Friday, March 12, 2010

Before They Were LOST

Rounding out my unofficial Lost Week, I present a few clips of Lost stars before the show existed.

Josh Holloway, a former model, appeared in some interesting places. First, here is the music video for Aerosmith's "Cryin'". Look for Josh at the 3:25 mark as a purse snatcher in a diner. Hey Sawyer, let go of Alicia Silverstone's handbag!



Next, here's Josh in a blink-and-you-miss-him moment in an Old Navy commercial.



Finally, here he is in a bit part on an episode of CSI as a valet.



Next is possibly the fan favorite of the entire series, the amazing Terry O'Quinn. He has a long and steady career as a character actor, and is more diverse than you might imagine. Here is one brutal scene from the 1980s thriller The Stepfather, in which he plays a psychotic killer.



Here is a much more different side of O'Quinn from the 1989 movie discussion series The Big Picture, on which he was promoting The Stepfather II. I had no idea he played guitar and sang blues! And he's really good, too!



Here he is in the 1990 film The Rocketeer (which you should see because its awesome) playing, of all people, Howard Hughes.



Lastly for O'Quinn, here he is on his previous "genre" TV show, Millenium.



Finally, here is a fun 10-minute film parody of The Fast and The Furious, titled The Slow and the Cautious, starring none other than Jorge Garcia, Lost's Hugo "Hurley" Reyes.



I hope you enjoyed this week's Lost goodies. I'll get back to a greater variety of stuff next week. Thanks!

5 comments:

Wings said...

Cool stuff! Never knew Josh was in that Aerosmith video!

Phillyradiogeek said...

I'm sure there's plenty more clips out there of Lost stars. Maybe I'll do a sequel in the future.

Todd Mason said...

And you need to see THE STEPFATHER, which put O'Quinn on the map, and Jill Schoelen, too (brilliant Donald Westlake script). Happily, the remake finally nudged a dvd release for the original (apparently the only good thing it did other than provide a paycheck for Sela Ward and a few other good folks). MILLENNIUM was a rather inconsistent series, but had some fine episodes and did some interesting things...one episode had one of the Patti Smith Group's songs as its only soundtrack throughout the fifteen-minute, roughly, segment between commercial breaks. O'Quinn had been in the first X-FILES movie before that...as a rough draft of his LOST character, in some ways.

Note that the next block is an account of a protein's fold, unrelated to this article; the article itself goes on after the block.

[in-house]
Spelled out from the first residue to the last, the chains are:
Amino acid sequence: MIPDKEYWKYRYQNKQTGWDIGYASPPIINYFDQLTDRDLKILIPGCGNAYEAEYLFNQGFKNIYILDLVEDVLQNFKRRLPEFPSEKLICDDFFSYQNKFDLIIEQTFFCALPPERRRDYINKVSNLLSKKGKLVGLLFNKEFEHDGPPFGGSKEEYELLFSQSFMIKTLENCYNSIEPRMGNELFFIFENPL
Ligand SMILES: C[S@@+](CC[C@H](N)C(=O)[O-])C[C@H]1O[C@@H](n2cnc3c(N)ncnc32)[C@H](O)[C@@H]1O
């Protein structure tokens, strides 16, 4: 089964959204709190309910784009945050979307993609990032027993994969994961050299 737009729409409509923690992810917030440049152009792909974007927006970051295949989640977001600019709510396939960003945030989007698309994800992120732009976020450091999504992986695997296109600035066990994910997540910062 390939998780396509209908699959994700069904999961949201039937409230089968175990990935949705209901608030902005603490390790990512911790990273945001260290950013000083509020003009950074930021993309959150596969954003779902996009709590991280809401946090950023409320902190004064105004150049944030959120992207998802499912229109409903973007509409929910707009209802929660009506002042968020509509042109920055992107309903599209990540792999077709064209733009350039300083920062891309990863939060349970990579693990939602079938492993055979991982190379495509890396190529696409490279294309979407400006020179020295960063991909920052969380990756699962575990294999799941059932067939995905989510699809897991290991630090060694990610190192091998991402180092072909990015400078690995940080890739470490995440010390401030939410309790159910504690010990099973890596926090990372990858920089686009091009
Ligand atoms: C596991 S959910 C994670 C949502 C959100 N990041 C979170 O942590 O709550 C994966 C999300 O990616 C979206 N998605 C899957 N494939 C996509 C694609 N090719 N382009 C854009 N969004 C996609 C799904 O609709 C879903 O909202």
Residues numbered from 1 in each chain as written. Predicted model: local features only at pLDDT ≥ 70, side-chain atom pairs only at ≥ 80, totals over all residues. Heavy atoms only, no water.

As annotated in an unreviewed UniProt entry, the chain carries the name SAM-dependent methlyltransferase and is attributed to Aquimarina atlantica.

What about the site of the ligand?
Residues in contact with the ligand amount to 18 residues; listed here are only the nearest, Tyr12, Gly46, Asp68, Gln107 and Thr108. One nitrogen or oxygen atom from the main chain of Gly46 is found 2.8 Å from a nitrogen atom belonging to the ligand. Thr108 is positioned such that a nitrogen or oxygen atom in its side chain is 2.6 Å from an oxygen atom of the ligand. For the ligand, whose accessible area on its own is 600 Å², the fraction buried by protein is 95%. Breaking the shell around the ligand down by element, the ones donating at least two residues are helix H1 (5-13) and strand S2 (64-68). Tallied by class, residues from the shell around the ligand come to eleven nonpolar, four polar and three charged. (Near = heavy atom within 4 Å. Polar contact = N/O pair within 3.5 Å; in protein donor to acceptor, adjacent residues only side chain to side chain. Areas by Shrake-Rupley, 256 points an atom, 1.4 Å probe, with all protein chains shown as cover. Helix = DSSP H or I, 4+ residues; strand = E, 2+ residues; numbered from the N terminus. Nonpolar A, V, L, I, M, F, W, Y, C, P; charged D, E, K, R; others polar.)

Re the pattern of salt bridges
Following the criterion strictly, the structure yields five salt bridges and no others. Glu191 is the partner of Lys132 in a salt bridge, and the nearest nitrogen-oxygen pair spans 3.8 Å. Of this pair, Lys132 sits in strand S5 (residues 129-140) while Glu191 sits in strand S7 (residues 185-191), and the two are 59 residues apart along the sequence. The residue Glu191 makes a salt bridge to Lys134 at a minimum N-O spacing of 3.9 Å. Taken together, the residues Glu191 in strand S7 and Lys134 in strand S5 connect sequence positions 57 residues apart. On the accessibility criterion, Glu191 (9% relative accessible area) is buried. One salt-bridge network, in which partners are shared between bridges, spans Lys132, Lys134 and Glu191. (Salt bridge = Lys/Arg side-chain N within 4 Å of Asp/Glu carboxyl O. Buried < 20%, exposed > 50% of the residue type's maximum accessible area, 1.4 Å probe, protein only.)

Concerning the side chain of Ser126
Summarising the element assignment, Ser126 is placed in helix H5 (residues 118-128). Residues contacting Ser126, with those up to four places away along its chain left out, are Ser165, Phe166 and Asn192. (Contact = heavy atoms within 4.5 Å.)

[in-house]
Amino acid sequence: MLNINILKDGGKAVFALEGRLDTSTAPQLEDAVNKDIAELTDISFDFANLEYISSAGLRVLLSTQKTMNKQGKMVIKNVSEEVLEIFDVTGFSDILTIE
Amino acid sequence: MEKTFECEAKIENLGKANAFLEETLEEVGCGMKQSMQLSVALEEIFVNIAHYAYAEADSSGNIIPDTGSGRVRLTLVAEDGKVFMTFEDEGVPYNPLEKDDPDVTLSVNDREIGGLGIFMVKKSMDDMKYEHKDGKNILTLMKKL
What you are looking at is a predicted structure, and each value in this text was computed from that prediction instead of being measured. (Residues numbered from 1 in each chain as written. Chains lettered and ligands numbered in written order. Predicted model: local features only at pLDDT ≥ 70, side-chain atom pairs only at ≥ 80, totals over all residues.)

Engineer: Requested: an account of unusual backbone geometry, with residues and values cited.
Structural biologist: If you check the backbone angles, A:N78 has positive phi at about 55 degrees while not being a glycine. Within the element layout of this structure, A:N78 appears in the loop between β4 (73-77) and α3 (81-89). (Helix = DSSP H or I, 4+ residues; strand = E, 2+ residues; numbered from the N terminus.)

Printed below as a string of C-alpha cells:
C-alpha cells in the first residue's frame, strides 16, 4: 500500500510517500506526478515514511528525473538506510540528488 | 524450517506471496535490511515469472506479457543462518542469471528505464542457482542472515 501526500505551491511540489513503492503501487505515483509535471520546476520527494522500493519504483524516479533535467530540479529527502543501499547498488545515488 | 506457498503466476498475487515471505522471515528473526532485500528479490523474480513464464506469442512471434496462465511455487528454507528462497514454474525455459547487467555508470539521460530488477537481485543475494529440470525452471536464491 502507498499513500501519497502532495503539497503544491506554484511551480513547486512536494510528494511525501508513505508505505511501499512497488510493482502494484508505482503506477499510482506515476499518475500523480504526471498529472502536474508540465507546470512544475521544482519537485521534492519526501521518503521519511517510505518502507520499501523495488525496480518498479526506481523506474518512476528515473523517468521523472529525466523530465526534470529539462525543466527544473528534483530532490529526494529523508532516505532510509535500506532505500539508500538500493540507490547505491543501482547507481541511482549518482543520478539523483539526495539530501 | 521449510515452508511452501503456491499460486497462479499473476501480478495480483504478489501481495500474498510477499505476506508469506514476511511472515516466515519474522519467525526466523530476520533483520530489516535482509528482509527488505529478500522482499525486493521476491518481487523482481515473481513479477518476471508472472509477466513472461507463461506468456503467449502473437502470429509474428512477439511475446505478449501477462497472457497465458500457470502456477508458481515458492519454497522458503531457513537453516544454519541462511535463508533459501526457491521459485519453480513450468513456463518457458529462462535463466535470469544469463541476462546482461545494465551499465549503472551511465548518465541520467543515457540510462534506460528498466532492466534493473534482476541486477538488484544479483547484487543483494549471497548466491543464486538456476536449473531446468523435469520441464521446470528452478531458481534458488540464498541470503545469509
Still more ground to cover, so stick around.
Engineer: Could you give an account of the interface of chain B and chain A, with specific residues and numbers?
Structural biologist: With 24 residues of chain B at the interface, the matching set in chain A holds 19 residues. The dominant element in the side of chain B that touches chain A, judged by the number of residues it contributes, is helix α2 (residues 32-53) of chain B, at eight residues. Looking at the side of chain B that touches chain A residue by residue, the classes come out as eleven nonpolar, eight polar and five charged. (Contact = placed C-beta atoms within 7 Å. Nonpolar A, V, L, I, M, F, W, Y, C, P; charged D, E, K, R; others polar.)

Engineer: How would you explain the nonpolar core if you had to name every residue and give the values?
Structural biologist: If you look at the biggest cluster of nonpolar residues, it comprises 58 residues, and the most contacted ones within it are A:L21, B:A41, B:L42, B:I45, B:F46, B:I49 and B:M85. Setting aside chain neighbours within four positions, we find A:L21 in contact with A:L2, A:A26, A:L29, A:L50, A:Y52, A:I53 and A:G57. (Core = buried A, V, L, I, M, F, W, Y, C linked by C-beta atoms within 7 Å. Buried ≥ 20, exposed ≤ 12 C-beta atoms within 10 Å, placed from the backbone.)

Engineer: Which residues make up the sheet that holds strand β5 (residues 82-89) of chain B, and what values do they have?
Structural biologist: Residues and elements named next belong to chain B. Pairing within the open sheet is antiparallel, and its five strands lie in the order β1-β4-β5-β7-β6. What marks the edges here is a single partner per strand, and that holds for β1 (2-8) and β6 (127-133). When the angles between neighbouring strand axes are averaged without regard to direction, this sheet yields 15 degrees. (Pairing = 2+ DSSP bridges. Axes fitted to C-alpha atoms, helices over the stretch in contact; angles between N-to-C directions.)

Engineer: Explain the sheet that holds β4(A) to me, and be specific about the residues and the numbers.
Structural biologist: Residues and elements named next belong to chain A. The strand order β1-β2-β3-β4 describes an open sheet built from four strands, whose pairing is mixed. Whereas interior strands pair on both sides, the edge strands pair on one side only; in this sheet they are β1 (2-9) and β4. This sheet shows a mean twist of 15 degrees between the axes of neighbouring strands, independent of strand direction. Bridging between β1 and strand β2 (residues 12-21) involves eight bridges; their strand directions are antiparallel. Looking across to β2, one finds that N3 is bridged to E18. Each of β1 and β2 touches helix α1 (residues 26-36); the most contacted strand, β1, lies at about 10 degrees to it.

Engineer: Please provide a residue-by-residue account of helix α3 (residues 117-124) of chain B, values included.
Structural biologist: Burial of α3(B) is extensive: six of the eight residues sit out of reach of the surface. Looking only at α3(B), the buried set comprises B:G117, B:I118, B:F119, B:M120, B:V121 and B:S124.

Phillyradiogeek said...

THE STEPFATHER is one of my parents' favorite movies, and they had it on VHS for many years--still might, in fact. I may have to borrow it next time I visit them.

I always assumed it was a schlocky snuff film; I'm happy to hear that's not the case. Is it Hitchcockian (or perhaps Robert Blochian)?

Todd Mason said...

Westlake as writer splits the difference between Bloch and Elmore Leonard, and it's not glossy like Hitchcock...except when Hitchcock was doing Bloch (hello, Norman Bates). And he is the equal of either, if not quite the game-changer that Bloch was (but, then, neither has Leoard been, nor too many others). Westlake also did the script for THE GRIFTERS not long after, from Jim Thompson's novel, and a few more throughout his career, but was primarily a prose writer, and a number of his books and stories have been filmed.

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